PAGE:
This video does not show a volcanic eruption in Lake Kivu – it was filmed in Nigeria and experts point to an underwater pipeline fire

Copyright AFP 2017-2022. All rights reserved.

A video of flames rising from the surface of a large body of water has been shared hundreds of times on Facebook alongside claims that it shows an underwater volcanic eruption in Lake Kivu. This is false: the video was filmed in Nigeria. Experts and locals told AFP the fire was likely caused by a leak in underwater petrol-carrying pipelines. 

The video shows fire spreading over the water, just a few metres from a beach. Thick plumes of black smoke rise in the sky, attracting a group of onlookers. Two men are heard speaking in Yoruba, one of Nigeria's main languages, about what they refer to as a “wonder”. 

“I hear that fire burns on water but I have never seen it,” one man tells the other. “There is petrol there,” both say. 

A Facebook post featuring the video claims the footage shows a volcanic eruption in Lake Kivu, which lies on the border between the Democratic Republic of Congo (DRC) and Rwanda in Eastern Africa.

The post’s caption goes on to state: “Goma and nearby cities threatened with evacuation as volcano erupts.”

Goma is the capital of North Kivu province in eastern DRC.

A screenshot taken on June 4, 2021 showing one of the false posts

The same video has been shared here and here with similar claims. Another post made the same claim before editing the caption to ask “where is this.”

The same video was also shared in French-language Facebook posts with the claim that it showed an underwater volcano in Cameroon. AFP Fact Check debunked the story here.

A mysterious fire on a beach in Nigeria

A reverse image search from screenshots taken from the video reveals the footage was shared by several Nigerian news sites including Globalnewsng, Lindaikeji, and KanyiDaily. It was also published on the YouTube channel of The Punch, one of Nigeria’s most widely-read newspapers. According to these outlets, the video was taken at Ilashe Beach, in Lagos State, southwest Nigeria.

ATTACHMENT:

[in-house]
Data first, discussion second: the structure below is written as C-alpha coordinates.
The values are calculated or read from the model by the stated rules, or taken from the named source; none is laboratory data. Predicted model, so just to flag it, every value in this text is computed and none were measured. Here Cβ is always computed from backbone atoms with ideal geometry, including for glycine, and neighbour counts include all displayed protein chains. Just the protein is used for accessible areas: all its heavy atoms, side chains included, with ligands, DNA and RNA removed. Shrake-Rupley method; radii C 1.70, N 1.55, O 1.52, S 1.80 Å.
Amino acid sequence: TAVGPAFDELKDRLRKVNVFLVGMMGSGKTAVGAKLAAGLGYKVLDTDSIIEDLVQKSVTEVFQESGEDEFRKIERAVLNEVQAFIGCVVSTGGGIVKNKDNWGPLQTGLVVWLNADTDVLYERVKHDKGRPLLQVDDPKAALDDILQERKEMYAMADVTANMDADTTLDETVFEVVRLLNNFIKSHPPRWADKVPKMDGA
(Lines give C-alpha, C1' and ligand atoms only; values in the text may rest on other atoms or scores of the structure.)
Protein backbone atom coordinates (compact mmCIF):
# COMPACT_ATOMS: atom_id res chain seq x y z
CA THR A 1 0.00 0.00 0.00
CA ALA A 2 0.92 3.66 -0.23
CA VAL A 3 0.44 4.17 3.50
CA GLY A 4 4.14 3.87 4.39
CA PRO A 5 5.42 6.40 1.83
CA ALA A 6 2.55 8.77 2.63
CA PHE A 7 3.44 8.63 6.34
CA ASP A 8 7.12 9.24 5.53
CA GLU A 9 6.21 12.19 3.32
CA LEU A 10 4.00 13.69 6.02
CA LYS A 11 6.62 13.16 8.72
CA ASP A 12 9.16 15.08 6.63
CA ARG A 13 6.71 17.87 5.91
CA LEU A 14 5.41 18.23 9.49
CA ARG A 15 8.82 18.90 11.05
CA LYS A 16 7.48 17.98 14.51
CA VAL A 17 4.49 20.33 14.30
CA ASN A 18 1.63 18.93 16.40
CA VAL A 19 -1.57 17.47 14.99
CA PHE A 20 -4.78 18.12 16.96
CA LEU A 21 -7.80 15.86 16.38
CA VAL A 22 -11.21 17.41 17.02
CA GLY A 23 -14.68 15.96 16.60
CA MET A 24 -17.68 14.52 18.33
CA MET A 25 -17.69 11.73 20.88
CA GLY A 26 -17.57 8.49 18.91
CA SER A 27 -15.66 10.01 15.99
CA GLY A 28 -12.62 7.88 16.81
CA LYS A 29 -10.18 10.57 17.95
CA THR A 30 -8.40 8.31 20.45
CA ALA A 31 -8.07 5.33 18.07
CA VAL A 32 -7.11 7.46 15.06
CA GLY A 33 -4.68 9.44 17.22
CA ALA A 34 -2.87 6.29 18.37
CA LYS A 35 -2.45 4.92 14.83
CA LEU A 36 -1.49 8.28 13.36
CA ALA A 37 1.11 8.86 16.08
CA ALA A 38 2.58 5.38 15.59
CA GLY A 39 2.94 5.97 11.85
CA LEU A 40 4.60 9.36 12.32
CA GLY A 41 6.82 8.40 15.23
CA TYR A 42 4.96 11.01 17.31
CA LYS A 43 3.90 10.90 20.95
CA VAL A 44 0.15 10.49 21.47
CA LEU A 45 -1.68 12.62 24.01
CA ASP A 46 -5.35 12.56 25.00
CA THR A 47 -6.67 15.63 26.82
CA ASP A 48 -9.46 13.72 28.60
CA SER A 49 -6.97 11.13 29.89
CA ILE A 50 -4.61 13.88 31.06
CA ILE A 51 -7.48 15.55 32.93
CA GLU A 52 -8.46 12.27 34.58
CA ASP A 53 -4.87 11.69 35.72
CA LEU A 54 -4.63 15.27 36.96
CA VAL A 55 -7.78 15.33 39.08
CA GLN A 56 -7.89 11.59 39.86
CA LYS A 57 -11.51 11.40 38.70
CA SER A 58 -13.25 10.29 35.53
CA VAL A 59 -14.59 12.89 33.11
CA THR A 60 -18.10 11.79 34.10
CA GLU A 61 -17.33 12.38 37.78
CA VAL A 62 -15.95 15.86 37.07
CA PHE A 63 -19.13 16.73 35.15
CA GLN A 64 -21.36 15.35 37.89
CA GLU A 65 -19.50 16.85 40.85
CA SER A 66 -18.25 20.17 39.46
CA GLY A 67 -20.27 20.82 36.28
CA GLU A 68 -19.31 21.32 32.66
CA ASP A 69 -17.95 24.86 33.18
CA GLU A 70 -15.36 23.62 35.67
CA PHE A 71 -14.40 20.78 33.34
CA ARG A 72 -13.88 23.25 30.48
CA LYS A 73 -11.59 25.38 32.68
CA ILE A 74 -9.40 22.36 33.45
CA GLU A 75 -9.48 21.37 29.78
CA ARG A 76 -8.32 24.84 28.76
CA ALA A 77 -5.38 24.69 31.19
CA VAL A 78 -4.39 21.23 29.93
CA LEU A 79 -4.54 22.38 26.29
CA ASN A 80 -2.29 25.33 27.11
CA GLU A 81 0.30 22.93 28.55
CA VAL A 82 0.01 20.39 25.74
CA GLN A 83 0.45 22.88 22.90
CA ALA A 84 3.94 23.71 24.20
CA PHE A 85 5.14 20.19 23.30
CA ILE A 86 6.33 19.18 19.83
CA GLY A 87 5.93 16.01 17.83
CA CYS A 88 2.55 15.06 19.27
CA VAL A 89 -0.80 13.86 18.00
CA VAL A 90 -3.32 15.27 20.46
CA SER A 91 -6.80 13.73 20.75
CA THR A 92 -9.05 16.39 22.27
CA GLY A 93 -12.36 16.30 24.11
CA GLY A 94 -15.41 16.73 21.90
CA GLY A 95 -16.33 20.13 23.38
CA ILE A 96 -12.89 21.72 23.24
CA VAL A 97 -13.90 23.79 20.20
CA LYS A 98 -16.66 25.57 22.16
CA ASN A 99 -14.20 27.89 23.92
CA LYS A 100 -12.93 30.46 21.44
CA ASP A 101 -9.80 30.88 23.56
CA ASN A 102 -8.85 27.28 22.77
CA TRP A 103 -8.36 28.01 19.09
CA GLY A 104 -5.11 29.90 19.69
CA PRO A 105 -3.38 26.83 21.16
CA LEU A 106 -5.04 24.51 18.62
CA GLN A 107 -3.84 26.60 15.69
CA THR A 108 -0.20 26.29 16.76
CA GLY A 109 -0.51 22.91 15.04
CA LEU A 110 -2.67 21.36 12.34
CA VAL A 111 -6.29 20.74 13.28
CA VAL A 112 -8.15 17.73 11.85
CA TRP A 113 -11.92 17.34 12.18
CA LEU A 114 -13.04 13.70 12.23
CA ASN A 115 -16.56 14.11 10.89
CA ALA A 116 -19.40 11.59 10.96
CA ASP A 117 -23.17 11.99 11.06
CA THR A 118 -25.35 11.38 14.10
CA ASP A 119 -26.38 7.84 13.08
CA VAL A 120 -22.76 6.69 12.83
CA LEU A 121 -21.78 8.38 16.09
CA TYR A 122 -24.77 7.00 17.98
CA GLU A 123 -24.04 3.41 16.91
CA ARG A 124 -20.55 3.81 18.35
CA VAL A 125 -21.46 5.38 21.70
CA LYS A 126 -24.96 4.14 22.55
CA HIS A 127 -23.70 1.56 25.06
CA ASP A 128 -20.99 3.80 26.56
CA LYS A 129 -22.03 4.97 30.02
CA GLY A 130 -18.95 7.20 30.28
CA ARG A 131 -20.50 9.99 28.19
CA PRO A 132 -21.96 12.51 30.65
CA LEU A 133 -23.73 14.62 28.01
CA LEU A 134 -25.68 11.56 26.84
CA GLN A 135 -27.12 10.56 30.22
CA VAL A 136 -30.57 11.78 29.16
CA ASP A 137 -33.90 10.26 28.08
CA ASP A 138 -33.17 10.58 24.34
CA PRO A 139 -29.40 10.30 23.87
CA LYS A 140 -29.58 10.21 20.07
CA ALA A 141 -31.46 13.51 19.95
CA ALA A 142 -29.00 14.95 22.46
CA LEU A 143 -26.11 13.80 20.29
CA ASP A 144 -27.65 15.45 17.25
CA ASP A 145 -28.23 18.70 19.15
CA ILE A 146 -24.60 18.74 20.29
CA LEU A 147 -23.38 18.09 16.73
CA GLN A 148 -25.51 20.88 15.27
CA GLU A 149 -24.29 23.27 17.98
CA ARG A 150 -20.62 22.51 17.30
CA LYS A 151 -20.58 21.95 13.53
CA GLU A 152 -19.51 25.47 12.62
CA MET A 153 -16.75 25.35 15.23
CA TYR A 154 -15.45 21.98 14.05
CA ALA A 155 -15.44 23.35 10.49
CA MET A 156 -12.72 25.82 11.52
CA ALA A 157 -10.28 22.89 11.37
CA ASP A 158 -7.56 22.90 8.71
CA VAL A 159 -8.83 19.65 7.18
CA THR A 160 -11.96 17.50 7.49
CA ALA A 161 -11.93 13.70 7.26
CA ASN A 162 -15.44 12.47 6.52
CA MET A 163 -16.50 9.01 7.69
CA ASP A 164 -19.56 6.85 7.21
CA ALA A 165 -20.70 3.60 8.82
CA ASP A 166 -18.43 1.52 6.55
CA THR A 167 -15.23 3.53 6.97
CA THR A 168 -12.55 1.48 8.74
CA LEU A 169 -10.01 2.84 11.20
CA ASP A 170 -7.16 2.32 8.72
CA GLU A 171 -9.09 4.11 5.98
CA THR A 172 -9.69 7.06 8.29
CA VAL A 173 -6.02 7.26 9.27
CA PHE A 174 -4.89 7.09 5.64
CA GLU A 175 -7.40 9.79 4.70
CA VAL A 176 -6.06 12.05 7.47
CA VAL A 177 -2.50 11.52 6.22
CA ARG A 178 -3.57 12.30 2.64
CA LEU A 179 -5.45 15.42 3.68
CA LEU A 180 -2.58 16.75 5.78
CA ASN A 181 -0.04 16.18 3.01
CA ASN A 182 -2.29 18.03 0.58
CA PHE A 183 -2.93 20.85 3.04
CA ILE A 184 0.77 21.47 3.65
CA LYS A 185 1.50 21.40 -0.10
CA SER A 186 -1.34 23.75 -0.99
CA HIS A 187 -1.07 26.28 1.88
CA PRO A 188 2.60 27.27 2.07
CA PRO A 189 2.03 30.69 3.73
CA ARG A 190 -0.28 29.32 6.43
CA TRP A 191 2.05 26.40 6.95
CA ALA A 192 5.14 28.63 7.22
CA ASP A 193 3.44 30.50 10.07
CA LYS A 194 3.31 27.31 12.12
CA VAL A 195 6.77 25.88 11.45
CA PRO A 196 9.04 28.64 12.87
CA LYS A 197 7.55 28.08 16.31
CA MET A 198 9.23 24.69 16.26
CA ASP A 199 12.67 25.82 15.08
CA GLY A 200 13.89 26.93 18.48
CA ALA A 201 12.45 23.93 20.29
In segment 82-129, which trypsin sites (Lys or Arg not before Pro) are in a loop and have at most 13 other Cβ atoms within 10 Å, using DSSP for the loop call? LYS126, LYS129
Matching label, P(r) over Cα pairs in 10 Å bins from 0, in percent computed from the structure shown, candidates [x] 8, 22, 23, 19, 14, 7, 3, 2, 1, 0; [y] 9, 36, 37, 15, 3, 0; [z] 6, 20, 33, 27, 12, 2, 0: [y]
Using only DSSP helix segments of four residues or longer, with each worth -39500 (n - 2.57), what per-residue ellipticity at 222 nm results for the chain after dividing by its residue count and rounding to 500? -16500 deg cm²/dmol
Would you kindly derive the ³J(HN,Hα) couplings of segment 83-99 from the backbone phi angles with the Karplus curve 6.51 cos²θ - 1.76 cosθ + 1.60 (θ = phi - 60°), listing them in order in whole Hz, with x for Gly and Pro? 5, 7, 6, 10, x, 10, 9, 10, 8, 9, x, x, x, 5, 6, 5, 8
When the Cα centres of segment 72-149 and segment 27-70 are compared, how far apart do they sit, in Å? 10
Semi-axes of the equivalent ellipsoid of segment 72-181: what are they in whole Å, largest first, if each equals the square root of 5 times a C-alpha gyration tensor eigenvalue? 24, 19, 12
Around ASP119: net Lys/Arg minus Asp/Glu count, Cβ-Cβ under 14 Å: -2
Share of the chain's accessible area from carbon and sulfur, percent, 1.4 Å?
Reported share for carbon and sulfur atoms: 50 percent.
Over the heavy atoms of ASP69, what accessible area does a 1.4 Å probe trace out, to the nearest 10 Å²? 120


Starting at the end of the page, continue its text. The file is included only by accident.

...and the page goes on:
Some comments below the video also suggest that the video was shot on "a beach in Badagry in the state of Lagos in Nigeria" rather than in Lake Kivu. One user points out that the people in the video speak Yoruba, a language mostly spoken in southwest Nigeria.

A screenshot showing some of the comments suggesting the fire was filmed in Nigeria

Nigerian journalist and filmmaker Bulus Blessing told AFP Fact Check that a pipeline recently exploded near Badagry, a coastal town located about 50 kilometres west of Ilashe Beach.

Clues point to petrol fire

While a volcanic eruption did recently take place near Goma (as reported here by AFP), the volcano in question, called Nyiragongo, erupted aboveground, not underwater. Magma was detected flowing under Goma as well as underneath Lake Kivu, forcing many residents to evacuate. However, no eruptions were recorded on the lake. 

In addition, three volcanologists and a geophysics expert ruled out the possibility of the Facebook video showing an underwater volcanic eruption. Instead, they pointed to a petrol fire, basing their theory on three observations.

For one, there is the colour of the smoke. 

"An eruption at this location [on the surface of a body of water] would cause explosions due to contact between the lava (1,200°C) and a small layer of water (20 to 30°C) which would instantly turn into steam,” Benoît Smets, a volcanologist at the Royal Museum for Central Africa in Tervuren, Belgium, told AFP. In this case, "the smoke should be whitish, at least in part," he explained.

Similarly, Mathilde Adelinet, a professor and researcher in geophysics, said  "an underwater volcano would instead evaporate the seawater with possibly little ash, therefore it would emit rather whitish or gray smoke".

Corentin Caudron, a researcher at the French National Research Institute for Sustainable Development (IRD), also said the video did not look the result of volcanic activity.

In the case of an eruption, "you have volcanic material, ash coming out, [and] it rises much higher in altitude in general" than what is seen in the clip, he said - as can be seen in this video by Getty Images showing a series of underwater volcanic eruptions.

The second clue is linked to the lack of a blast.

"The absence of any explosion (even small)" proves "that it is fuel burning on the surface of the water, or in shallow waters,” said Roberto Sulpizio, professor at the Department of Geo-environment and Earth Sciences at the University of Bari Aldo Moro in Italy and secretary-general of the  International Association of Volcanology and Chemistry of the Earth's Interior (IAVCEI).

The third element ruling out the possibility of a volcanic eruption is the size and appearance of the fire. The "source of the fire is too small," Belgian volcanologist Smets said. “The way in which the flames are visible on the surface of the water are typical of a fuel that is lighter than the water”.

Patrick Allard, a researcher at the Paris Globe Institute of Physics  and president of the IAVCEI, said the viral video most likely showed "oil or dense gasoline burning" -- not a volcanic eruption.